My first sick-day from work in several years came just in time for my monthly update on the Redneck Container Garden. It's been an interesting month in my first-ever fall/winter garden. Most plants are chugging along, pretty much doing what's expected, some are fighting for their lives while others are refusing to cooperate at all. So, this month's update (in true redneck fashion) is about the good, the bad and the ugly. aaaAAAaaahhhh
The Cauliflower in the buckets is coming along surprisingly well, looks like some of it might actually produce heads. Considering their handicapped start in life, this is definitely good.
The broccoli in the planter is maturing nicely as well. The smallest one seems to have become home to some egg-laying pest. I hit it with some organic insecticidal oil, hope it helps. Since the leader of this crew looks strong, I think we'll label this one as good, but watching closely as it could go bad at any time.
These lettuces are growing faster than we can eat them. Good for sure, but then...
aaaAAAaaahh...Just a couple days after the update pics were taken, I noticed this one starting to bolt so we made one last meal of it before the bitterness set in. Only because this plant has been so good does it only fall into the "bad" category, but I think we all know where it will be next month. Dun-dun-dunnnn.
Another lettuce answering nature's call since last month's post. Doesn't even look like the same plant. Our first nominee for ugly. I'm thinking about harvesting the seeds, but do I really want to grow more of a lettuce that has such a short life? Maybe if I had known it had such habbits I would've eaten more of it instead of just enjoying it's form and color and taking it's picture.
This is the red chard by the front door that went from beautiful to overharvested and then I have no idea what happened. It looks like a frost burn, but this plant was protected when we had our run of freezing temps. I cut off the worst of the dehydrated leaves last week and as the final picture shows, it appears to be coming back around. This chard was pretty ugly, but is now only bad and is striving for further redemption. I'll let you know next month if it pulls through.
The gold chard looks like it's doing just fine from a distance, but I noticed a small bird (waxwing?) darting in and around it the other day. Closer inspection revealed small flys and lots of their eggs, apparently the same as those on the broccoli across the way. This plant got a dose of the insect oil too. Not sure what the final outcome will be, but the pest activity has slowed and I haven't seen any of their activity on any other plants. This plant was soooo good, but now looks pretty ugly. Think I'll just call it bad since the bugs were only there because they knew a good thing when they found it. THEY are definitely ugly and given the chance, I will hang 'em high.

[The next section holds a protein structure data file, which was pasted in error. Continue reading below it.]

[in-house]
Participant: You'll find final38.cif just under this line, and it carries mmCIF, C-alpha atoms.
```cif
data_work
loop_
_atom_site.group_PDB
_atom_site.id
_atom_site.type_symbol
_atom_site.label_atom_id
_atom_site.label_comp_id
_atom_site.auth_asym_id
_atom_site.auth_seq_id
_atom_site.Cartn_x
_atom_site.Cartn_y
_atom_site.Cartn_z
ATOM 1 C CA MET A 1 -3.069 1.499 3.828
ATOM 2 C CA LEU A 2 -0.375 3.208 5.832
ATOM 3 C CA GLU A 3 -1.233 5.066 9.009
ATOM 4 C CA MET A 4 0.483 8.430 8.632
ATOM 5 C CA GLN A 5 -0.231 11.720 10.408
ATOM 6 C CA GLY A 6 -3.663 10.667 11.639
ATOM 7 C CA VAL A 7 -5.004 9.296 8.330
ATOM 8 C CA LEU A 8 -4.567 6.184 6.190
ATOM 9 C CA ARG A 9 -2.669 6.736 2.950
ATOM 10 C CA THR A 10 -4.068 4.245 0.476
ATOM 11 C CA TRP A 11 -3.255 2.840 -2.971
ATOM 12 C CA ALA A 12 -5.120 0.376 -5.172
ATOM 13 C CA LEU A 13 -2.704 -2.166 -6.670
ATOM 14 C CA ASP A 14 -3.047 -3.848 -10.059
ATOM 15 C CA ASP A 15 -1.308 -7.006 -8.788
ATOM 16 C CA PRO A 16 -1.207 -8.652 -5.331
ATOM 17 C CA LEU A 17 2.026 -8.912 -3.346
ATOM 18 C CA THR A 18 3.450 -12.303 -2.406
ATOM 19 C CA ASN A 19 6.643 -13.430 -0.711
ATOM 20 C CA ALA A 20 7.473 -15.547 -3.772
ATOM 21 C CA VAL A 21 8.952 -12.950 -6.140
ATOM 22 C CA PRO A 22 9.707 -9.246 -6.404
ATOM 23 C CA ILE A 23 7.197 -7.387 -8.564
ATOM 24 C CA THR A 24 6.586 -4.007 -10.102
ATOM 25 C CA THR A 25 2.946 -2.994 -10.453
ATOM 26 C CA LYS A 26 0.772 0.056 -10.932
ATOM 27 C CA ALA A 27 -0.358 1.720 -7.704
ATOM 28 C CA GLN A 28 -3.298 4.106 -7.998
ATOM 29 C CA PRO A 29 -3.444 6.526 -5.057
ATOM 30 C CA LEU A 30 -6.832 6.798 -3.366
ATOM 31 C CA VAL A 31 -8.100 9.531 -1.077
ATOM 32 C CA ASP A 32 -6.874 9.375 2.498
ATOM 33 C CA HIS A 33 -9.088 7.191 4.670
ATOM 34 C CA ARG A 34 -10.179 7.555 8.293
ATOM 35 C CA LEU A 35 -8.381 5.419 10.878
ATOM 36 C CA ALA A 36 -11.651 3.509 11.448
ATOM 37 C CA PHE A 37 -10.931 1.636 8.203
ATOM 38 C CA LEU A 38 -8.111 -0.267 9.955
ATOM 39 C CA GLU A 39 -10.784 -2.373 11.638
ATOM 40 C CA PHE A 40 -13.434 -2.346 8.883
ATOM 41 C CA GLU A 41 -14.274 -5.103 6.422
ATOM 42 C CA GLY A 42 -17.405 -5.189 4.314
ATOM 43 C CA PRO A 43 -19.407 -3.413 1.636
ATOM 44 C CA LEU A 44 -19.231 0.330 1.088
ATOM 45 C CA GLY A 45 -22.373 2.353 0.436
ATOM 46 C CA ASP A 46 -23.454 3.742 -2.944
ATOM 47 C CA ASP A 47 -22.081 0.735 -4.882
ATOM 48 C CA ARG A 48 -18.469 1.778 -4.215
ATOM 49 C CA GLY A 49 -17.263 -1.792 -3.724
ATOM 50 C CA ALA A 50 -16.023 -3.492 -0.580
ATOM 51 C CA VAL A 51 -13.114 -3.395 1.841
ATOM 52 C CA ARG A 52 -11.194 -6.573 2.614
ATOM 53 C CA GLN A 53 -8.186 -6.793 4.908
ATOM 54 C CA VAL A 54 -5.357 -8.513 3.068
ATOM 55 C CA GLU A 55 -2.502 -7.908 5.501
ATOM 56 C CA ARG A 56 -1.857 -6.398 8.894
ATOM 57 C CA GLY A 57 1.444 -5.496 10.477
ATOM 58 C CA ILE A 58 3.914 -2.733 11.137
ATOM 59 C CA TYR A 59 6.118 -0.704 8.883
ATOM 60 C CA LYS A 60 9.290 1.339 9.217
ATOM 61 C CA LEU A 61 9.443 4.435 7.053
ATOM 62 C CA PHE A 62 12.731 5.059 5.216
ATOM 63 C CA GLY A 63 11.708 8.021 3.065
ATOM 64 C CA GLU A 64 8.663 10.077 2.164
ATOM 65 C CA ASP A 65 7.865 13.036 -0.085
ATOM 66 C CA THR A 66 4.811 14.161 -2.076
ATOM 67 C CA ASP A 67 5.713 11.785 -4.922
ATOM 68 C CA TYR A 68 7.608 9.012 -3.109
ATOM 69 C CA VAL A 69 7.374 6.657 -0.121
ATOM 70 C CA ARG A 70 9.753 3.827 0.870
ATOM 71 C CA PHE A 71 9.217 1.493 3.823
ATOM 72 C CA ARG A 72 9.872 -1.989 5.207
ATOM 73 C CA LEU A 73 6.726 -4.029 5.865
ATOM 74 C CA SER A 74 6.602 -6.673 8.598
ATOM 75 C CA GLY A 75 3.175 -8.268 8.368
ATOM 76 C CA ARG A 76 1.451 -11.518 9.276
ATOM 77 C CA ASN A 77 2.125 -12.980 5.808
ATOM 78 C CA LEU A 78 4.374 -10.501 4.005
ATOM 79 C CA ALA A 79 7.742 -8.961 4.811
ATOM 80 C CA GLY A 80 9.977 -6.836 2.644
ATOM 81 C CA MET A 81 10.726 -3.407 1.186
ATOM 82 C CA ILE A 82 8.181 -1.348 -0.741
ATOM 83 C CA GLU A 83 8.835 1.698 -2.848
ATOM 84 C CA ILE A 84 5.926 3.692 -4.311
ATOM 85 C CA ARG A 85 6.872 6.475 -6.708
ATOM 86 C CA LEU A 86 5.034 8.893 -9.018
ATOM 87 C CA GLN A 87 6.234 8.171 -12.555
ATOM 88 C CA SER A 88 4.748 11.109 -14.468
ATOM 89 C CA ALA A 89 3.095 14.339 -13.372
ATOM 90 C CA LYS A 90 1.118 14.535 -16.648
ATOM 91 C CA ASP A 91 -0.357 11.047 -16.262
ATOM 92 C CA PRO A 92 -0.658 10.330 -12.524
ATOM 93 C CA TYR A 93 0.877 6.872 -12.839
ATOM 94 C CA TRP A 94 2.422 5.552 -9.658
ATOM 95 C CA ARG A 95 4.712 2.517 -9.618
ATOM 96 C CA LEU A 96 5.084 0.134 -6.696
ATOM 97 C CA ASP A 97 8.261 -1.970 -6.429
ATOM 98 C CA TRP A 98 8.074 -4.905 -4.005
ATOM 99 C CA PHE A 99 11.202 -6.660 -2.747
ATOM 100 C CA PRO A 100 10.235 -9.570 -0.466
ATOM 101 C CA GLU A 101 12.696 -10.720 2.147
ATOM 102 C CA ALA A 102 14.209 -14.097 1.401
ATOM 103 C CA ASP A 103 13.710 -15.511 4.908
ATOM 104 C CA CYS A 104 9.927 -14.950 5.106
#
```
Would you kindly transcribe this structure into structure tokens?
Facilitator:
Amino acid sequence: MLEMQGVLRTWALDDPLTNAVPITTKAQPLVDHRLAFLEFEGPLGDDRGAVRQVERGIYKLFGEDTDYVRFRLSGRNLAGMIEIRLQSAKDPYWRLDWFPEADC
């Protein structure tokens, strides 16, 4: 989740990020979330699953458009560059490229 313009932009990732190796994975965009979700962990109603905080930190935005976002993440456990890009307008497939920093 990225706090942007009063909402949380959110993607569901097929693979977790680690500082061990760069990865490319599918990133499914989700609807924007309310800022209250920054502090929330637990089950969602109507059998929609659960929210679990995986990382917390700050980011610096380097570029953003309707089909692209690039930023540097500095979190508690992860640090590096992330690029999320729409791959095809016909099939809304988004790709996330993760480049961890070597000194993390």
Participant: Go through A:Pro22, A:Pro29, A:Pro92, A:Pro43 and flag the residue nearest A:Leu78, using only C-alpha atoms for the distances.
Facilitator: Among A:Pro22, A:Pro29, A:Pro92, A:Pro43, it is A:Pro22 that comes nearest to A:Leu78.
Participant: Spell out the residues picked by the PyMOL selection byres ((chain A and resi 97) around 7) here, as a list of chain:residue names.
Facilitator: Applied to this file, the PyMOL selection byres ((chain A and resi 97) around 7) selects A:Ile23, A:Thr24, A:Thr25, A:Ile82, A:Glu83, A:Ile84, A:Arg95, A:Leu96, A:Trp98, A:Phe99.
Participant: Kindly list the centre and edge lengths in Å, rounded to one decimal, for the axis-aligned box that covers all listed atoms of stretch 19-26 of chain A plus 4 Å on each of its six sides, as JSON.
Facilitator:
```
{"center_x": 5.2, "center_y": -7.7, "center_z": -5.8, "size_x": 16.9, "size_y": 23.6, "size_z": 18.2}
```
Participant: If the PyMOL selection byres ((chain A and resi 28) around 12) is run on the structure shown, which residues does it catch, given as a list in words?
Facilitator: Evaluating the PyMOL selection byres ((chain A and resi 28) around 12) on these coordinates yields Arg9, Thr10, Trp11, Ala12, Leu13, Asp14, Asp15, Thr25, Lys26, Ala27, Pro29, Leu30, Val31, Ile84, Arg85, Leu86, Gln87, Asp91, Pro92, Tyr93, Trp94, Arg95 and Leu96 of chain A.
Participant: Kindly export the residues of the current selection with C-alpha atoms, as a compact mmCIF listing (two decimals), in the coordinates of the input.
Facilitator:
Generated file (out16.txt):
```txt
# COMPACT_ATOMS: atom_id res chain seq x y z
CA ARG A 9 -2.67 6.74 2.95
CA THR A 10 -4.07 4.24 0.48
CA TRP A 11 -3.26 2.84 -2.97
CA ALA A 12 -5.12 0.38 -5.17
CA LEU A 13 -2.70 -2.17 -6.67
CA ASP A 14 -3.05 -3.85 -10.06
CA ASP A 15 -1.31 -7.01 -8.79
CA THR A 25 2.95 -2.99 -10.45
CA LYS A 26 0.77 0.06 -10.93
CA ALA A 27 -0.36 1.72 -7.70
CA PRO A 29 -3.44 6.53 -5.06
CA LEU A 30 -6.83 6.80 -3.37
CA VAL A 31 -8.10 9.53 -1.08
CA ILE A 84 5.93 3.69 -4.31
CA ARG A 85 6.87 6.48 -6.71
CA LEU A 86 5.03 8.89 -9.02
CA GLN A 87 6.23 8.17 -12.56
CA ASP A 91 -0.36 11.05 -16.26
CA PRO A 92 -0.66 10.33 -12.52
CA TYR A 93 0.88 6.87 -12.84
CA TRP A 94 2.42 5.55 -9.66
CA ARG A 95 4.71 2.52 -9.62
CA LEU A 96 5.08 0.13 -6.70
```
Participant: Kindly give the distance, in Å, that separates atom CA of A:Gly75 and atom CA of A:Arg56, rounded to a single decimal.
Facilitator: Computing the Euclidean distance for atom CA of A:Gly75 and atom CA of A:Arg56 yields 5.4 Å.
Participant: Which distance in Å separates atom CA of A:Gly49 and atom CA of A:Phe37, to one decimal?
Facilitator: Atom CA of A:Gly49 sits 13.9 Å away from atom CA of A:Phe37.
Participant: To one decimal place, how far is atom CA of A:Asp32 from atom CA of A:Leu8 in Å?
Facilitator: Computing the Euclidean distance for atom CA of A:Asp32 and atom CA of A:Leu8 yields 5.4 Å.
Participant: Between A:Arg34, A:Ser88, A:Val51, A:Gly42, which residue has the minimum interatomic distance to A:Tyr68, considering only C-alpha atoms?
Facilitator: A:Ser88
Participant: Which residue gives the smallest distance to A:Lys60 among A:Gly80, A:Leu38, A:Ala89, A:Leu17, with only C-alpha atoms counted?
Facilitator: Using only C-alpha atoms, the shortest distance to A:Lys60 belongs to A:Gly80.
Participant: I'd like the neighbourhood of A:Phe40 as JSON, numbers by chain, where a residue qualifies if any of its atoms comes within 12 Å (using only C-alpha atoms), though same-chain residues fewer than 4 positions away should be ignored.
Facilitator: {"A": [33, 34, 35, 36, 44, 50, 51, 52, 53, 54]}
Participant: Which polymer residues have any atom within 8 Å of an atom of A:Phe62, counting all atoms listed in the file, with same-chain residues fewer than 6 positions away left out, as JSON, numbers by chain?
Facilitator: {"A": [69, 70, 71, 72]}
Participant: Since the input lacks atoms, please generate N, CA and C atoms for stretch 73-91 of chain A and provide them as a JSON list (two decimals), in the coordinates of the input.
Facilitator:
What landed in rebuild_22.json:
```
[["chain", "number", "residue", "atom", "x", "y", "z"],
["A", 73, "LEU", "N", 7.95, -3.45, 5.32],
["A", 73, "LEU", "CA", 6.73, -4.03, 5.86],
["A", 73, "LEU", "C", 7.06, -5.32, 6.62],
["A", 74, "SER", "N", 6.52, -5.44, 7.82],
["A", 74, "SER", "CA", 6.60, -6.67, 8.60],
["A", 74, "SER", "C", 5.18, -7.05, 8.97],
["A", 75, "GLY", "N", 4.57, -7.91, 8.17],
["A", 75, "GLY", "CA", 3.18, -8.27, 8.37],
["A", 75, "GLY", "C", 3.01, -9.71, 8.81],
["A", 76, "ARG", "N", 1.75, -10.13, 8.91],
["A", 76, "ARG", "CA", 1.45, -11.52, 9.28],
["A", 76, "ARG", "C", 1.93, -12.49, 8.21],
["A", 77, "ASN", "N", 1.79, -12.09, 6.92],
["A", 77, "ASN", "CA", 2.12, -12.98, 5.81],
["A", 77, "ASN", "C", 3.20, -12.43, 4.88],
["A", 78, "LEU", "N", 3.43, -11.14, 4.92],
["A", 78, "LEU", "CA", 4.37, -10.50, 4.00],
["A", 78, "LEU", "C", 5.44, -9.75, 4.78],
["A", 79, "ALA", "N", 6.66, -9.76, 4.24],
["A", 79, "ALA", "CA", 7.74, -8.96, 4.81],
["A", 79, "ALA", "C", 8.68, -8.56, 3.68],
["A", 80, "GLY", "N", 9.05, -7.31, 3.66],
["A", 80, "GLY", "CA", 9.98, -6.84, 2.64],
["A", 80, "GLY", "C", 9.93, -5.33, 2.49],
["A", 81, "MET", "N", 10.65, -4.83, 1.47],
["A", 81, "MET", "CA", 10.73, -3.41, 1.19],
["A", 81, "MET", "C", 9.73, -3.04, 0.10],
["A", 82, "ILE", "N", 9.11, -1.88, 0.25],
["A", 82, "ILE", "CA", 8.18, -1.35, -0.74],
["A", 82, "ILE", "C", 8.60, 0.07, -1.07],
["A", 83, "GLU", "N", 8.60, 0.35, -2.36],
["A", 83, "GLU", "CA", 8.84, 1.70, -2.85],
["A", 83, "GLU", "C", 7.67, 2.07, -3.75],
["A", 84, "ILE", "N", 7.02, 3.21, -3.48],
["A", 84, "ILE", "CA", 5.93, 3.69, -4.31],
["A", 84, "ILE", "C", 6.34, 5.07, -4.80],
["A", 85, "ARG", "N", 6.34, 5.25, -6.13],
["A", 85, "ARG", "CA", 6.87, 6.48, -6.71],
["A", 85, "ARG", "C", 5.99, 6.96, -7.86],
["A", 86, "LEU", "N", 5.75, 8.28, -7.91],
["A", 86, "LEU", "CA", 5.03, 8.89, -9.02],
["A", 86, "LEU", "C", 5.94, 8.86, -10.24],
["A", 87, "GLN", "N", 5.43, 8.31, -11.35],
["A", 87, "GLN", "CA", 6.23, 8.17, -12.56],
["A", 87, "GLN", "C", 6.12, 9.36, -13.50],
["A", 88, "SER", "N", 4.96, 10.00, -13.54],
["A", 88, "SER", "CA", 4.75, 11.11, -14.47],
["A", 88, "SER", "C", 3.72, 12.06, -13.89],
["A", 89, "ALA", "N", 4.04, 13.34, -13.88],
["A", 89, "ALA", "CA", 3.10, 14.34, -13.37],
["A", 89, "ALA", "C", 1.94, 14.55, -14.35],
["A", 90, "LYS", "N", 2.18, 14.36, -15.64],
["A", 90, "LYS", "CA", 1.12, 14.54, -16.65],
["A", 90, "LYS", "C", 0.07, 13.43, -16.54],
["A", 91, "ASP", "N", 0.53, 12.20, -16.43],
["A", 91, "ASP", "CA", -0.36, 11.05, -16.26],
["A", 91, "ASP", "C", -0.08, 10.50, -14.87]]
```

The Bordeaux spinach continues to be very productive and ignorant of the pests just a few buckets over. Steam this with some chard for a delish veggie course. This plant is solidly in the good column and may even be the one wearing the biggest white hat of all.
The lettuces in the recycling bins are doing nicely. The other bin is even more productive. My family clearly needs to eat more of this. Another one for the good column.
The thin-leaf cilantro in the milk jug keeps producing and the chard in the little window boxes is doing quite well. More good guys.
The peppers are clearly past their prime, but the green bell did just give us a couple baseball-sized fruit for Sunday's dinner and they were very tasty. I will do my best to nurse them through winter in hopes of earlier production in the spring. These qualify as good due to their solid performance in the summer. I think some of these need to be potted up into bigger containers before spring. Any input? All the peppers; bell, poblano & jalapeno qualify as good guys.
All-in-all, I'm pretty happy with my first winter garden. My family won't be buying lettuce or spinach any time soon and the chard is only in need of a little supplement because it is sooo tasty. I also remain hopeful that at least some of the broccoli & cauliflower will produce. I'm definitely learning a lot as the garden matures. I have also started planning for the expansion of the Redneck Container Garden to upwards of 25 buckets. Looking through online seed catalogs has generated quite a wish-list. In the mean time, I've set up a small area for starting seeds in a south-facing window. Seems a little bittersweet and maybe a touch morbid to be planning for the arrival of those plants that will take the place of those still growing vigorously.
Check back next month to see how the good, the bad & the ugly are holding up.